Mum claims 5-year-old with ADHD was put in a chokehold for singing too loudly in class
"If I did that at home, they’d call Child Protective Services, so I don’t understand why it would be allowed in schools."
A mother in the US has sued her children's school district after her five-year-old son was put in a chokehold.
In October 2018, Pamela Ononiwu was horrified to find her son being put in a chokehold by a school resource officer when she went to pick him up from his school in Fairfax Station, Virginia for a dentist appointment.
The mum claimed school staff had called the officer when the boy, who has ADHD, wouldn't stop loudly singing in Spanish class.
“To my shock and horror, I found my son being put in a chokehold,” Pamela, 37, told Today. “This school resource officer was holding him at a 90 degree angle.
“My son kept trying to kick to get out of it, and the tighter the grip got. I repeatedly told him to let my son go.
“I was scared because I was like, ‘Will I also be shot dead trying to save my son?’ But I said it’s worth it because I’m not gonna be here and let my son die or pass out in front of me,” the mum shared.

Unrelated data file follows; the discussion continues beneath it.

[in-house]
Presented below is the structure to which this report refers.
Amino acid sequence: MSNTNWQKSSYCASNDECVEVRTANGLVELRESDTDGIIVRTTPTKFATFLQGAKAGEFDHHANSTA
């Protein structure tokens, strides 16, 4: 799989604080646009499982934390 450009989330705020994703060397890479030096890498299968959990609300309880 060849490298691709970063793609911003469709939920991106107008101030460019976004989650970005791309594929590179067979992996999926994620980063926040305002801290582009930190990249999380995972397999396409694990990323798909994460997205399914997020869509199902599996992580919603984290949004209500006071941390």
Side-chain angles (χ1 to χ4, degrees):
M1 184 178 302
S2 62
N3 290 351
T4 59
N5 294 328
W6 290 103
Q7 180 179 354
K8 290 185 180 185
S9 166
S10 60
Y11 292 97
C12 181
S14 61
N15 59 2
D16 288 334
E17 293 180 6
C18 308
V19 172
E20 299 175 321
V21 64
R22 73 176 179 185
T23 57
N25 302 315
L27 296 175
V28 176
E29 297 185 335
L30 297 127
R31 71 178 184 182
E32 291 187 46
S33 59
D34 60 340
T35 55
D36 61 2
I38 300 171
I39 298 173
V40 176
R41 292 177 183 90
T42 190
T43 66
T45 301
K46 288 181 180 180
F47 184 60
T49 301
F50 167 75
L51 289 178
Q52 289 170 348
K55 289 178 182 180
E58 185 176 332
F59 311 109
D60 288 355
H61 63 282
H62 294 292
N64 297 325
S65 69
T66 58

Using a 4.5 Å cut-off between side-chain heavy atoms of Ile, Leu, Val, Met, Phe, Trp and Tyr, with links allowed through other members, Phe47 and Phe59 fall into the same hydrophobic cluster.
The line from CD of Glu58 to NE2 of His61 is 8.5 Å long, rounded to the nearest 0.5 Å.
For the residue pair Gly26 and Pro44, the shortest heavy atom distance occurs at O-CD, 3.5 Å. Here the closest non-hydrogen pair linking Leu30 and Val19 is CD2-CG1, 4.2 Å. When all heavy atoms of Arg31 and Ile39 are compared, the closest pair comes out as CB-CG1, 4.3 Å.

The officer eventually let the boy go and pushed him away.
Pamela said she confronted the school principal, school district officials and school board members after the incident, but claimed nobody "had any empathy."
“Nobody thought it was heinous that a child was in a chokehold,” she said.
The terrifying incident and the subsequent lack of action from education officials prompted Pamela to sue the district’s school system and run for its school board in a bid to end restraint and seclusion protocols in its schools.
The mum joined a lawsuit, alongside two other parents, accusing the school system of bringing “psychological trauma” and “physical harm” on children with disabilities and using restraints and seclusion to “silence, detain, segregate, and punish” them.
“There are alternatives. There are other ways to do this,” the mum continued. “If you are claiming a child has things to work on, the solution isn’t just to throw them in a room.
“If I did that at home, they’d call Child Protective Services, so I don’t understand why it would be allowed in schools.”
According to Pamela, the suit was recently settled with both a monetary agreement and drastic policy changes.